The Hidden Benefits Of Zero | Should You DRIP Your Dividends?

Dollar Cost Average | Dividend | Investing

When you first get initiated into the dividend growth investing cult, one of the things you need to figure out is what to do with all of those dividends.  If you're in the withdrawal phase then the answer is simple take the dividends to fund your lifestyle.  However, if you're in the accumulation phase, then you have to figure out whether to DRIP or not.  

What Is A DRIP?

DRIP stands for dividend reinvestment plan and is offered by most brokerage firms to allow you to automatically reinvest the dividends back into the companies that paid them.  

The other option is to take the dividends in cash and just pool it with additional savings and investment capital whenever you're ready to make another purchase.

There's no right or wrong answer as to DRIP-ing your dividends or pooling them.  It really comes down to personal preference.

The main advantage of DRIP is that it's automatic.  Why wouldn't you want to increase your stake in a business that you believe to be high quality?

The big disadvantage of DRIP is that you're valuation agnostic.  In other words, whenever the dividend gets paid out it's automatically reinvested without regards to the valuation at the time.  Over the long run that's probably not a big issue because business valuations aren't likely to be to exorbitantly mis-valued on the average assuming a long holding period.

My usual recommendation is that it depends on what your financial situation is like.  For an account like an IRA I think DRIP is the best way unless you're having serious amounts of dividends come in on a monthly or quarterly basis.

I also recommend DRIP if you're not able to consistently push new savings to your brokerage account to invest.  If you're only able to move funds to invest sporadically then I think DRIP is best to keep the compounding going.

However, if you're in the situation where you can save and invest each month then pooling probably makes more sense.

That's the general guideline that I follow for my own investment accounts, although I do have the DRIP turned on for positions that I want to build up over time.

DRIP In Action

Let's take a look at one of the quintessential dividend growth stocks: Johnson & Johnson.  If on January 3, 2000 you invested $10k to get a stake in Johnson & Johnson you'd have been able to purchase a split-adjusted 216.97 shares at $46.09 per share.  Here's the results as calculated by Dividend Channel.

For the non-DRIP scenario you'd have received $8,696 in dividends and still have your original 216.97 shares valued at $38,647.  That's a 286.5% total return or ~7.0% per year.  At the current quarterly payout of $0.95 per share your position could expect to produce $824.49 in annual dividends thanks to the steady dividend growth Johnson & Johnson has provided.

However, if you had diligently re-invested the dividend payments in those nearly 20 years you'd now own 357.98 shares valued at $49,413.  That pushes the total return up to 394% or ~8.4% per year.  In this scenario your forward dividends from Johnson & Johnson would be $1,360.32 or ~65% higher because of the DRIP and boosting your share count.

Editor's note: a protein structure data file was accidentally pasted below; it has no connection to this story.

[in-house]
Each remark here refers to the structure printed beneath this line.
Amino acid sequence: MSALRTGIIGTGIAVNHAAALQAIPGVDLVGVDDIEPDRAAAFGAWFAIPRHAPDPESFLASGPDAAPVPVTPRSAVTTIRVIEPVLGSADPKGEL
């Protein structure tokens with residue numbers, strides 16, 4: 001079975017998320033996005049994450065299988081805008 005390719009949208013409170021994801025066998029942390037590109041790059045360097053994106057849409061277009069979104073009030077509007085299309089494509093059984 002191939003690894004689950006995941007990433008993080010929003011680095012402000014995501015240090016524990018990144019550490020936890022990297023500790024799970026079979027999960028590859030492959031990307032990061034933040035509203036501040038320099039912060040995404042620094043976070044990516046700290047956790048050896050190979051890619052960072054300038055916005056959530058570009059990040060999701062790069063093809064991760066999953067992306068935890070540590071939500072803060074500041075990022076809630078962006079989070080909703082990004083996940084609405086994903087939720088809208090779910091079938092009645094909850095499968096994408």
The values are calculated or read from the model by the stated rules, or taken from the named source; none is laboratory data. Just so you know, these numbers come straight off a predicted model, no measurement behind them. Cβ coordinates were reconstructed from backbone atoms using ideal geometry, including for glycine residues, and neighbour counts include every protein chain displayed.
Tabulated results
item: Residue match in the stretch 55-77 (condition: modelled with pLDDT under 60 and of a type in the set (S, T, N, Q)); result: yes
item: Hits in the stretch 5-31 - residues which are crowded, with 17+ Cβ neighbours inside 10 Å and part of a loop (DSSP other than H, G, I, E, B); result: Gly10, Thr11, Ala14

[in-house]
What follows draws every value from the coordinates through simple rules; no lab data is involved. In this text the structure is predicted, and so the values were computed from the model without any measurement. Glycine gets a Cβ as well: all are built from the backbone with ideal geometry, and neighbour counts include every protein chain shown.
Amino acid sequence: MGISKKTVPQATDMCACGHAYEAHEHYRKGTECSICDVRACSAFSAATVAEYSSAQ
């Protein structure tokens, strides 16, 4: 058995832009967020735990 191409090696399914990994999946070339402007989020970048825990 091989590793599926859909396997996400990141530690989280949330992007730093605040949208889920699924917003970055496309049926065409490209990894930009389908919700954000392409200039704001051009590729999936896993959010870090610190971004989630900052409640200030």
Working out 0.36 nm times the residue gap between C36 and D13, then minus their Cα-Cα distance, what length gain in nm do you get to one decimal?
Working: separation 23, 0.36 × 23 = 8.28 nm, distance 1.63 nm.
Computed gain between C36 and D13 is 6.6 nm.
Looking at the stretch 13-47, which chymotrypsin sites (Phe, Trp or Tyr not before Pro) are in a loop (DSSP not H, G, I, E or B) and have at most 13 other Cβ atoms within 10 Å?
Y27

There's no doubt that turning the DRIP on is a boost to your returns.  Although it's not an apples-to-apples comparison because in reality you're still re-investing those dividends while in the accumulation phase, just into other investments.

The Hidden Benefits Of Zero Commissions

In October, the calculus changed a bit with regards to DRIP.  The brokerage firm Interactive Brokers announced they were introducing a no commission version of their platform and Schwab quickly followed suit reducing their commissions to $0 as well.  That sparked a race by just about every major brokerage firm in the United States to lower their own commissions to $0.

Now that the norm is $0 commissions for US-based investors, the question now is does it make sense to DRIP?

The biggest deterrent against pooling the dividends rather than DRIP, especially if your monthly investment capital was sporadic, was commissions.  It doesn't make sense to re-invest your $20, $30 or even $200 dividend at a $5 commission.  In gambling terms, there's too much rake.

However, with $0 commissions taking all dividends in cash and re-investing them into your best ideas, best valuations or just positions you want to build up could very well make a lot more sense.  It's definitely economically feasible to do so now.

What you're giving up by doing that is the hands-off approach of just clicking a box and having the broker do it for you.  There's always a give and take.  Of course that could be made up for by getting better value for your dollars.


I don't think either approach is bad here whether you collect your dividends in cash or automatically DRIP them back into more shares.  The $0 commissions definitely evened the playing field and makes the decision less black and white and much more gray.

I've since turned off the DRIP on some of my positions, although I still have it on for a large portion of my holdings, especially in my taxable account.  

Over the coming weeks and months I'm sure to ponder more on whether to keep the DRIP on or off.  Although I'm very much leaning towards turning it off for a majority of my positions.

Do you DRIP all the dividends you receive or take them in cash?  Has the $0 commission made you re-think that decision?


  1. This sums up my approach exactly. I too have turned off DRIP on select investments and left it on for those I want to build out. DRIP is essentially hands off but it still needs monitoring in my opinion. Now that my brokerage has also gone to $0 fees I find that I am less disciplined in my plan and find myself flip flopping from DRIP to building cash to employ. In my case it may have complicated things in a sense.


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